As for Pompey: instead of thinking about shaving Caesar, he's having a rich feast in his tent, listening while his inner circle talks about how they'll divide up the provinces among their supporters. Pompey warns, "We are cooking rabbits that have not been caught." Cato, who's gotten hold of a rather plain breastplate to wear over what looks like an old black t-shirt, points out that the rabbit is "cornered, starving, and has lost near two thousand men." Pompey asks Brutus what's bringing him down, and Brutus explains that, while he won't suffer tyrants, Caesar was once like a father to him. "I feel for you," Cato says. "When do we strike?" Porcius Cato, grief counselor. Pompey says that they've pretty much finished striking; they just need to keep Caesar pinned down for a month or so until the remains of his army disintegrates. But the others around the table aren't on board with that plan, insisting that honor requires them to prevail by force. Poor Pompey. He finally gets over his stupid overconfidence, and his guys just push him back in.
Back home, the Town Crier's doing his thing. "News! From! Greece!" he headlines. He announces that although Mark Antony is safe, most of the ships sent to help Caesar were lost at sea, and now Caesar is outnumbered and surrounded: "The forces of the Republic and Senate and of Pompey Magnus confidently expect a decisive victory to follow shortly." Of course, it's easy to forget that, back then, the only way for news to travel from Greece to Rome was for someone to physically carry it, so by the time this is being announced, Pompey's "decisive victory" has already happened. Or, you know, whatever else might have occurred, not to give anything away. But I don't really have a problem with a little timeline-futzing in the interest of making the events seem roughly contemporaneous. However, when I start thinking of how a lot of the other stuff in this episode could have happened in less time than it would have taken Vorenus and Pullo to dehydrate to death, I get a headache. Anyway, Julii Cooper is being carried past the Town Crier in a litter, and she listens to the news with interest. No doubt merely because it affects her directly.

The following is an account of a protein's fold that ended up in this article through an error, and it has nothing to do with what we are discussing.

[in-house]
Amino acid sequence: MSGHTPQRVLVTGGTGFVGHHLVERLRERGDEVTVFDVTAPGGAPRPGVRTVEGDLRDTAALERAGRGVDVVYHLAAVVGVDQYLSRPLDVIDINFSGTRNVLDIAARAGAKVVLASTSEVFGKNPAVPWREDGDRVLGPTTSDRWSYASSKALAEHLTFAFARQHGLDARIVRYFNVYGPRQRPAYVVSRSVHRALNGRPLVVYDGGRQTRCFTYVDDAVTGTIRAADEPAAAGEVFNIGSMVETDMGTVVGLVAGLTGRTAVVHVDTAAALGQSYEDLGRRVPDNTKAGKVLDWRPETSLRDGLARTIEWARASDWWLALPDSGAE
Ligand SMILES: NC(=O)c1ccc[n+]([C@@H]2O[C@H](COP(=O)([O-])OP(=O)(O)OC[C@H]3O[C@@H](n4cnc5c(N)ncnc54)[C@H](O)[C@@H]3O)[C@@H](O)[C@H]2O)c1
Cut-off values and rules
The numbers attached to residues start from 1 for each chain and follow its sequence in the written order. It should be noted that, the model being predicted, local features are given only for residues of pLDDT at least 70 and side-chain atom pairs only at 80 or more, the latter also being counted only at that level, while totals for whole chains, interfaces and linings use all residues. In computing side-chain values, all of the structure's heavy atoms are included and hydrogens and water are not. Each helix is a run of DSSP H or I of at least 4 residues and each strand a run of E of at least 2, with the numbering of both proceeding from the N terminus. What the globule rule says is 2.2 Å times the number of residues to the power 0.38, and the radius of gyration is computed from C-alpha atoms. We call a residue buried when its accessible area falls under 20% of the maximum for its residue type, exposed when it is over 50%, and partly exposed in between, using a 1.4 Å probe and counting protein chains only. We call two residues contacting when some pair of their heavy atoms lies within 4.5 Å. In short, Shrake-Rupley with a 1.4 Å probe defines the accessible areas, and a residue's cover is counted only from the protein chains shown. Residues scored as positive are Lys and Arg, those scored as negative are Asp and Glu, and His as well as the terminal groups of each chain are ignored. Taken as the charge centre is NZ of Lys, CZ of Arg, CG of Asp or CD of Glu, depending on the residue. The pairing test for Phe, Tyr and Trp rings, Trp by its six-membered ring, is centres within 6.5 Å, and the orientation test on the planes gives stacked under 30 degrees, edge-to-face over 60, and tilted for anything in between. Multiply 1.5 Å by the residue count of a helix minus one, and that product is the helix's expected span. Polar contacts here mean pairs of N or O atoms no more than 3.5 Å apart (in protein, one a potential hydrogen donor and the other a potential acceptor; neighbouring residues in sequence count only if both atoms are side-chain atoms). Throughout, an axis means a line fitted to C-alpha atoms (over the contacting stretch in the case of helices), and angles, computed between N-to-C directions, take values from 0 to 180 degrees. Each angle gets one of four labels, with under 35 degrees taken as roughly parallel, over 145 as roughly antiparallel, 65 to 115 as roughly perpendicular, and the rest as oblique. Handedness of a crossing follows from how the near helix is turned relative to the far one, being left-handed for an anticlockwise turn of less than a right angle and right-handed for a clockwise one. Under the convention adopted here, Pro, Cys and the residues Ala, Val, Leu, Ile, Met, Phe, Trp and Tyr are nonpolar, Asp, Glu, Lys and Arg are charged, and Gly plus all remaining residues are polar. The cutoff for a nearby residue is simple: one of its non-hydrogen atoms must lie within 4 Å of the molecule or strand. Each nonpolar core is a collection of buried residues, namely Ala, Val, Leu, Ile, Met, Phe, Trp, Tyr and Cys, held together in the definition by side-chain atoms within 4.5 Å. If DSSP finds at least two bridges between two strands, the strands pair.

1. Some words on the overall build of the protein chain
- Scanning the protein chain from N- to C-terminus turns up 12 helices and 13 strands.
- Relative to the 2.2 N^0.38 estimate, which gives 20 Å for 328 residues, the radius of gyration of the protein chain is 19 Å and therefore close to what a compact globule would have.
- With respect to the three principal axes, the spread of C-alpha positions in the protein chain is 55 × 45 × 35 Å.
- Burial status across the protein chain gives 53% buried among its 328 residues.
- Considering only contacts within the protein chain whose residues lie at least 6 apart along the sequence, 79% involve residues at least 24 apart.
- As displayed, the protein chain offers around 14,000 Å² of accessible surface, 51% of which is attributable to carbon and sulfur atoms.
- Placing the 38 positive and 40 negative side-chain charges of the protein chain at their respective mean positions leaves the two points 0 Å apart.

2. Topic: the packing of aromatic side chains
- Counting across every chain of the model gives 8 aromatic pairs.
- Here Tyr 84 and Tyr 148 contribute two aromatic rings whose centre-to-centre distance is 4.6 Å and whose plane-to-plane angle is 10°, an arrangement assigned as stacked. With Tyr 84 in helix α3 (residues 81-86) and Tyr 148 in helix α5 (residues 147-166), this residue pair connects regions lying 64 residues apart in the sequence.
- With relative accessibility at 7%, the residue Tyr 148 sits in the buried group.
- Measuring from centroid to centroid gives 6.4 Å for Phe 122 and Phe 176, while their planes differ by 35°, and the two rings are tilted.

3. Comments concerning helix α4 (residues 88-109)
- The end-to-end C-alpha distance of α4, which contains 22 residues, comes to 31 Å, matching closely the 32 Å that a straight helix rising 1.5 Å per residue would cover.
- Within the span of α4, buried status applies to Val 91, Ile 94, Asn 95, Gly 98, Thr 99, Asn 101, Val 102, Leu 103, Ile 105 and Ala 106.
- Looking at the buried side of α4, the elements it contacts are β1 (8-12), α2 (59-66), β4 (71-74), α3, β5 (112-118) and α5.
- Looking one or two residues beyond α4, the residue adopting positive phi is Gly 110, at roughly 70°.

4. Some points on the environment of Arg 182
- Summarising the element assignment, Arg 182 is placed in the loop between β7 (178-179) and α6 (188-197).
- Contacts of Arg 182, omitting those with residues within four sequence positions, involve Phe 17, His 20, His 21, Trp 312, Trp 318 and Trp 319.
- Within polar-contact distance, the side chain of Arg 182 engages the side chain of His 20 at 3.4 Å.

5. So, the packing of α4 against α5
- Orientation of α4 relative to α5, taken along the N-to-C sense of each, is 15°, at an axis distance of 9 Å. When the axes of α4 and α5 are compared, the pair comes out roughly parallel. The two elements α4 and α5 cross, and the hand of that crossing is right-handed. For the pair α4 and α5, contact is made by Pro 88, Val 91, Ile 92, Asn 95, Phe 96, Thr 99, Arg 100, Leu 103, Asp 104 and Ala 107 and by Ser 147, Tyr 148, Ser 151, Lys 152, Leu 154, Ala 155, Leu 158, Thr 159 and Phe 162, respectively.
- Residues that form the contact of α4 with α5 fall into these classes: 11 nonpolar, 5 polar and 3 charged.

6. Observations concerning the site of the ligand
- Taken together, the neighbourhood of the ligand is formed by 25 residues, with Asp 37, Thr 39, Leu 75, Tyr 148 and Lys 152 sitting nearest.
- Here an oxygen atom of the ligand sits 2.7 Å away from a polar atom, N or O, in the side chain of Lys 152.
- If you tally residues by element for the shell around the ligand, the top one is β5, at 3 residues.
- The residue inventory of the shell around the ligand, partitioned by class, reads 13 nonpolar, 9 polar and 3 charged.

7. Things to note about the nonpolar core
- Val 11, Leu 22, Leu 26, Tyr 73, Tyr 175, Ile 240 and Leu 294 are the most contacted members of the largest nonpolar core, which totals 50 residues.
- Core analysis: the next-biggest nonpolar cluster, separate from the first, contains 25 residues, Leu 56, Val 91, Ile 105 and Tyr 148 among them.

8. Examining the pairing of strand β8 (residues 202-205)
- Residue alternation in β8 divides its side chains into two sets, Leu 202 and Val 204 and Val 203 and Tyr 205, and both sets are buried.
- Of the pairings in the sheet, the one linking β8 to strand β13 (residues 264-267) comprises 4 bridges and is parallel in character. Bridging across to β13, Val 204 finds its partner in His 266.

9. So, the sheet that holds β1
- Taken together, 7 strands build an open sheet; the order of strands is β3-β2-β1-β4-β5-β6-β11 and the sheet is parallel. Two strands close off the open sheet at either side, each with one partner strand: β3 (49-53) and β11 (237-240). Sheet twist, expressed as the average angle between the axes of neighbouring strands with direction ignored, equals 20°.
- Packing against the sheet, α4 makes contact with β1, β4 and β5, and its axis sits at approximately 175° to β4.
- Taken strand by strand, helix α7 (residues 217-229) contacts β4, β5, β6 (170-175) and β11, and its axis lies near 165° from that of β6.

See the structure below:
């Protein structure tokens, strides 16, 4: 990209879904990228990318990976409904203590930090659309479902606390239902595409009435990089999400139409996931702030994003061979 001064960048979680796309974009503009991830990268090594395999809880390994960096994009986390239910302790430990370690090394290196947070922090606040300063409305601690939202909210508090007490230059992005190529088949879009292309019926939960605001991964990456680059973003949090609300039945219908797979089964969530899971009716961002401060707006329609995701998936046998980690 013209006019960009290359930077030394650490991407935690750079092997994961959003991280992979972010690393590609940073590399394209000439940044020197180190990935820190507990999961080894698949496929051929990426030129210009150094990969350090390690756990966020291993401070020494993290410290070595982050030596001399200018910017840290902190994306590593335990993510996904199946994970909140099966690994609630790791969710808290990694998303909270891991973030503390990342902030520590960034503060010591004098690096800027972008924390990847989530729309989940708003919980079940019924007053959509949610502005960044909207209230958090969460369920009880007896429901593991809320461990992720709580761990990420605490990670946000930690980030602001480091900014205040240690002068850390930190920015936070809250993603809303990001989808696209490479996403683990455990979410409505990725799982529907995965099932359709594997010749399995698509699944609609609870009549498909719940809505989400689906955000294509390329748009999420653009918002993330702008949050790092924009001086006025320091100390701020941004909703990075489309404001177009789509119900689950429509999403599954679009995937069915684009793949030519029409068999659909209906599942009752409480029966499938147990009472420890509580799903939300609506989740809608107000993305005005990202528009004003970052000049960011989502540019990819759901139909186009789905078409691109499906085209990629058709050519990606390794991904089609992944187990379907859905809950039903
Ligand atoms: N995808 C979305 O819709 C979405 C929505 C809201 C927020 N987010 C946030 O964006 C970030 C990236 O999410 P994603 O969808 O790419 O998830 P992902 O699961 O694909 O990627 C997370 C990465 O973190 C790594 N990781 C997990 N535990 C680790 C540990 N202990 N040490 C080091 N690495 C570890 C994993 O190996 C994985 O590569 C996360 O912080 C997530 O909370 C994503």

Julii Cooper arrives home and finds Octavia feeding a bird on a perch. (The bird's on a perch, I mean, not Octavia.) Julii Cooper bitches at her daughter about the poor protection force that Timon arranged for her. And with Caesar soon to be dead, "[they] may as well be lying naked in the street." Octavia, accustomed by now to her mother's drama-empress ways, doesn't bother looking up from her bird-feeding until Julii Cooper sends her to go ask Servilia for some of her men to beef up security. "Why?" Octavia asks. Julii Cooper explains again about the need for extra manpower, but Octavia means why does she have to be the one to do it. "Well, as if I would go begging to Servilia? I think not." I love her "I'm above it, but you're not" attitude. As does Octavia, except not. Julii Cooper thinks Servilia would never refuse after the lovely gifts she sent. Octavia remembers that visit and looks away, embarrassed. Julii Cooper asks, "Why, what did she say?" What, she didn't already debrief Octavia the minute she walked in the door last time? I think not. Octavia insists that Servilia said nothing. "You're very arrogant, that's all," she says. "Think you can buy her friendship with stud slaves and tortoises?" "And six barrels of ice," Julii Cooper reminds her. In any case, Octavia's not on board. Julii Cooper whines, "You'd rather be gang-raped by slavering proles while your mother's house burns down around you?" Octavia claims to be past caring. She complains about Julii Cooper's attitude constantly changing with Caesar's fortunes and says, "I just want this vile war to be over, one way or the other." Julii Cooper says that the war is over, and that's why Octavia has to go to Servilia. Where do these poor people get their spoilers?